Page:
I wrote this post as a missionary letter for Easter, 2007, but this event actually took place around Christmas, 2006.
“For everything there is a season, and a time for every purpose under heaven: a time to be born, and a time to die; a time to plant, and a time to reap; a time to kill, and a time to heal; a time to break down, and a time to build up; a time to weep, and a time to laugh; a time to mourn, and a time to dance…” Ecclesiastes 3:1-4
The singing of evening prayers emanates from the fourth cottage. I glance at my watch; they are unusually early today. Children crowd near the inside of the door. This seems odd since they usually sit in orderly rows. Leaving my shoes and bag outside, I squeeze into a space in the doorway and see the children, cottage mothers and warden sitting in a circle that touches the edges of the room.
“Jabom. Prayer,” the Warden announces, and the children rise to kneel on the smooth cement floor. They reach out, clasp hands, and connect the circle. The Warden prays. Then Rajesh, the little boy next to her, lifts his voice in prayer, followed by Indumathy next to him, followed by Sujeeth and so forth around the circle, each person lifting a prayer to God. The children, some as young as five, kneel and pray for an hour trying not to let their stiff knees or the swarming mosquitoes disturb them. These special prayers are for Mathan Kumar, a four year old from our nursery who is very sick and currently in the Pediatrics Intensive Care Unit at Christian Medical College (CMC) Hospital in Vellore.
Reena, the Child Sponsorship Coordinator at Pannai, and I climb into the school jeep to go to CMC Hospital to visit Mathan Kumar and his mother, Gandhimathi who is one of the nursery mothers at Pannai. As I watch the distant hills fall away behind us, I think of the prayer chain conducted by the cottage children yesterday.
Pediatric I.C.U. is located in a new building. Parents with their small children line the hallway decorated for Christmas with large paper star lanterns that add a warm glow to the otherwise harsh fluorescent lighting. We take an elevator to the sixth floor, remove our shoes in the waiting area and enter the ward. It is quiet and still. Cheerful curtains with long-necked giraffe, laughing bandy-legged zebras and swimming fish hang in front of the windows. The walls have been painted with cotton-candy blue clouds and smiling Care Bears sliding down rainbows and chasing after butterflies. The only other signs of children are the subtle bumps their bodies make underneath green bed sheets.
We approach a bed with “MATHAN KUMAR” scrawled in bold purple letters on a strip of paper taped to the head board. Reena walks right over and touches the little boy’s forehead and his hand. “He’s so chill,” she tells me. A tube runs into his mouth, held in place by gray medical tape. Mathan’s eyes form slits, neither open nor closed. I hesitate then reach out my own hand. His forehead is indeed cool and smooth as kitchen tiles. Mathan’s chest rises and falls to the rhythm the ventilator allots it. But for this slight movement and the readings on the monitor above his bed, I would not know that Mathan is alive. The doctor reports that Mathan is not responding to any stimulus, even pain, and she tells us that his body is not functioning spontaneously. The machines and medication keep him alive.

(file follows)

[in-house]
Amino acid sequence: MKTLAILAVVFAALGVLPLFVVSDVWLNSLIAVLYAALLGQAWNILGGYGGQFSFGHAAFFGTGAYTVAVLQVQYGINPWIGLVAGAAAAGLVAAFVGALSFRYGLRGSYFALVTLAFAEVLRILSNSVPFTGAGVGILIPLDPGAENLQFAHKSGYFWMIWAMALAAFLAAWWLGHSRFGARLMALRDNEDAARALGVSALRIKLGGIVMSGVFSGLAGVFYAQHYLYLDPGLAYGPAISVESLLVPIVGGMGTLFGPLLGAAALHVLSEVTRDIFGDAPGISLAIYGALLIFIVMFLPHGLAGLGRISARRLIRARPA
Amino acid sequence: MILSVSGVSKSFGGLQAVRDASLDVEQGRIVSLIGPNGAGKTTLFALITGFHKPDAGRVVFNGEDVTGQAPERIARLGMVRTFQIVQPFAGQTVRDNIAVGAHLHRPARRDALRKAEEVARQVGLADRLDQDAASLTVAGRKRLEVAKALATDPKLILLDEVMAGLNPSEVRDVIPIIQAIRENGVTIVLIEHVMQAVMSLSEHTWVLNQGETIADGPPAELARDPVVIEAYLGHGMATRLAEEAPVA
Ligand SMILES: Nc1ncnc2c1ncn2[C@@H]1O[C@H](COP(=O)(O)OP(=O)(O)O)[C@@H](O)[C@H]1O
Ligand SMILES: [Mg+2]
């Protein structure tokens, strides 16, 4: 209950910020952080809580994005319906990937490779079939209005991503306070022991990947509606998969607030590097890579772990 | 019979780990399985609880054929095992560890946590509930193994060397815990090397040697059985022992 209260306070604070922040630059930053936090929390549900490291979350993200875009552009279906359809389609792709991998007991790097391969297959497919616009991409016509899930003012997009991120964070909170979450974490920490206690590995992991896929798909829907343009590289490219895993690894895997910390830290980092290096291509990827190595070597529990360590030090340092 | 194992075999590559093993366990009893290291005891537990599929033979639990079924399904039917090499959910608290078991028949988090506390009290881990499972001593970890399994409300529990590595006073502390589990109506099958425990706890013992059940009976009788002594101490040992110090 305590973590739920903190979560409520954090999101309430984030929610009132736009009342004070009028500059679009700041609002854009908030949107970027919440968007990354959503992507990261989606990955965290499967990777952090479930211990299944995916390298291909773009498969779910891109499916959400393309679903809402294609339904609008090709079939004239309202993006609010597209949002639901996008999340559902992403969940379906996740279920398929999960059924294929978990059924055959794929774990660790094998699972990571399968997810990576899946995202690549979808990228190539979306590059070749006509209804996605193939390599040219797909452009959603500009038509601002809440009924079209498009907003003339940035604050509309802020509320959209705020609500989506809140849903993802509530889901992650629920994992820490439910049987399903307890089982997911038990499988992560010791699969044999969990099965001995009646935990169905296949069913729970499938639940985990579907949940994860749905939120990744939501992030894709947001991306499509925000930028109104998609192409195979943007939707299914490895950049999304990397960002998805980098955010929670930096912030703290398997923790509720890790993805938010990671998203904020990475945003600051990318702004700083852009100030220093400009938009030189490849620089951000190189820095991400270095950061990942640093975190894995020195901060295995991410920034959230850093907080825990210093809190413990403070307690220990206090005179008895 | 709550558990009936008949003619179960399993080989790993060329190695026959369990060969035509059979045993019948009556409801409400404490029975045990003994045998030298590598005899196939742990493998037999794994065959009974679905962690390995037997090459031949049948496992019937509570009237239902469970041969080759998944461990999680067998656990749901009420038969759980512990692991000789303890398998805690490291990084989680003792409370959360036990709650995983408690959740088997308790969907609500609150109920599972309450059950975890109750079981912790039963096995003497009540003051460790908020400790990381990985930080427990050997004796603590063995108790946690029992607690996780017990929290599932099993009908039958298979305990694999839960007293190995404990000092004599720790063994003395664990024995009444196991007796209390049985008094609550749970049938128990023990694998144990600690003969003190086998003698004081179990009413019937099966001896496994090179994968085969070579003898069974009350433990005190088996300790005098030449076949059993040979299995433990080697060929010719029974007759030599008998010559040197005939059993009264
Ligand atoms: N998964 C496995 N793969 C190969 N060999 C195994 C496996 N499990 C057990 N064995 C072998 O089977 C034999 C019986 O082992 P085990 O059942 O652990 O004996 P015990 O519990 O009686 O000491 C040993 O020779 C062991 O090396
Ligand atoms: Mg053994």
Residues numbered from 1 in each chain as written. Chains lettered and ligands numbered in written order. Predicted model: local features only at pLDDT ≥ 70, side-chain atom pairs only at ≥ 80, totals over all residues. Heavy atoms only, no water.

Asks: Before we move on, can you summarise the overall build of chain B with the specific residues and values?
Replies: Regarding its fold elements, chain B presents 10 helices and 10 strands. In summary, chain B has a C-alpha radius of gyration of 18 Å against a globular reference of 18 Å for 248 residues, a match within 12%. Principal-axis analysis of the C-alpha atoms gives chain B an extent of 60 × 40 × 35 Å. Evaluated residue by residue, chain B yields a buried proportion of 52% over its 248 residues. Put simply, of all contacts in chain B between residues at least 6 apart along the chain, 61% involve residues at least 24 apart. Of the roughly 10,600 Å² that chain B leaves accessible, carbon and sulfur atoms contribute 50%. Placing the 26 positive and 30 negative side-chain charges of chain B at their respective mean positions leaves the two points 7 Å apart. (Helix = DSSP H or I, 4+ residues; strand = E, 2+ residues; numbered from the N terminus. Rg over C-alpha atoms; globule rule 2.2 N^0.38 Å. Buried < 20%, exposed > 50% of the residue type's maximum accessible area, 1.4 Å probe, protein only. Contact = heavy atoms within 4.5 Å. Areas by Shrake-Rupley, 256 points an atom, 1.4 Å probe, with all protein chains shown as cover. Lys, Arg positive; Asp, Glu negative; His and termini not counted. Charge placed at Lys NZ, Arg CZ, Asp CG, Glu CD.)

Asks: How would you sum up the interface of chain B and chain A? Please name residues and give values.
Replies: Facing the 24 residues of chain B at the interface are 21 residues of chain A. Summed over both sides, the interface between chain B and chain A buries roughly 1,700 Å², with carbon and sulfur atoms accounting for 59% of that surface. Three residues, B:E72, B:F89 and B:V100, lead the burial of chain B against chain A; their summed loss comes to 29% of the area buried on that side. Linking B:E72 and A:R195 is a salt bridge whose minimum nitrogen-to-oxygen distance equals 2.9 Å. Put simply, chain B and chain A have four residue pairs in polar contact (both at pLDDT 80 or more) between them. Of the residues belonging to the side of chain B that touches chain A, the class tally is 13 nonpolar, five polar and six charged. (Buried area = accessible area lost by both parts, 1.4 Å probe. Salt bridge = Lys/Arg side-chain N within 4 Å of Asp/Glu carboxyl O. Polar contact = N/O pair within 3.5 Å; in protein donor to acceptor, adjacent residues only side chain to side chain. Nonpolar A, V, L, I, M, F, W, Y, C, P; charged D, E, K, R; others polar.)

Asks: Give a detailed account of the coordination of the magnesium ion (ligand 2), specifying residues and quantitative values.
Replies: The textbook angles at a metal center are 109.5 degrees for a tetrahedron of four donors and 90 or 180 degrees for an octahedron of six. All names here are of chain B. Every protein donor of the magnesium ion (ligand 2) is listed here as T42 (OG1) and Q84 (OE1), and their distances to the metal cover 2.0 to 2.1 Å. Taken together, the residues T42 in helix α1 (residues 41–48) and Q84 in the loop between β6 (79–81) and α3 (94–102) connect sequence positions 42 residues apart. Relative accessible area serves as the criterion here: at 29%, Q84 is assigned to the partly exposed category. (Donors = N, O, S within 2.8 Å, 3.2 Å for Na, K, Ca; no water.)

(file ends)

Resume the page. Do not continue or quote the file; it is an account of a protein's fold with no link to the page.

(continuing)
Mathan died two days after I visited him in the hospital. He never reopened his eyes or spoke another word. He will never again sit in his mother’s lap or recite the A-B-C’s during playschool with the other nursery children. He will never again play on the swings at Pannai or play tag with his friends. His diagnosis? Measles: a disease for which an inoculation is available; a disease from which no child need suffer or die.
Where is God in a world where an innocent child is allowed to die of an easily preventable disease? How can God let this happen? My understanding of God is that God does not let something happen and God cannot do anything to change a situation. Instead of a God that does, I believe in a God that IS: a God that is present with us in times of trouble and pain as well as in times of joy and celebration, a God in which and through which all being and life exists.
From the cross, Jesus cries out to God, “My God, my God, why have you forsaken me?” But God has not forsaken Jesus. God is with him on the cross just as God was with him throughout his life. God was with Mathan and all of us as we experienced the tragedy of his death. At Easter time we so often focus on the resurrection without remembering the pain and grief of death. Death is as much a part of life as birth. At Easter, hope is faith that God is with us now and always. That for everything there is a time: a time to be born, a time to die, a time to mourn, a time to celebrate, and that through all those times, God is ever-present.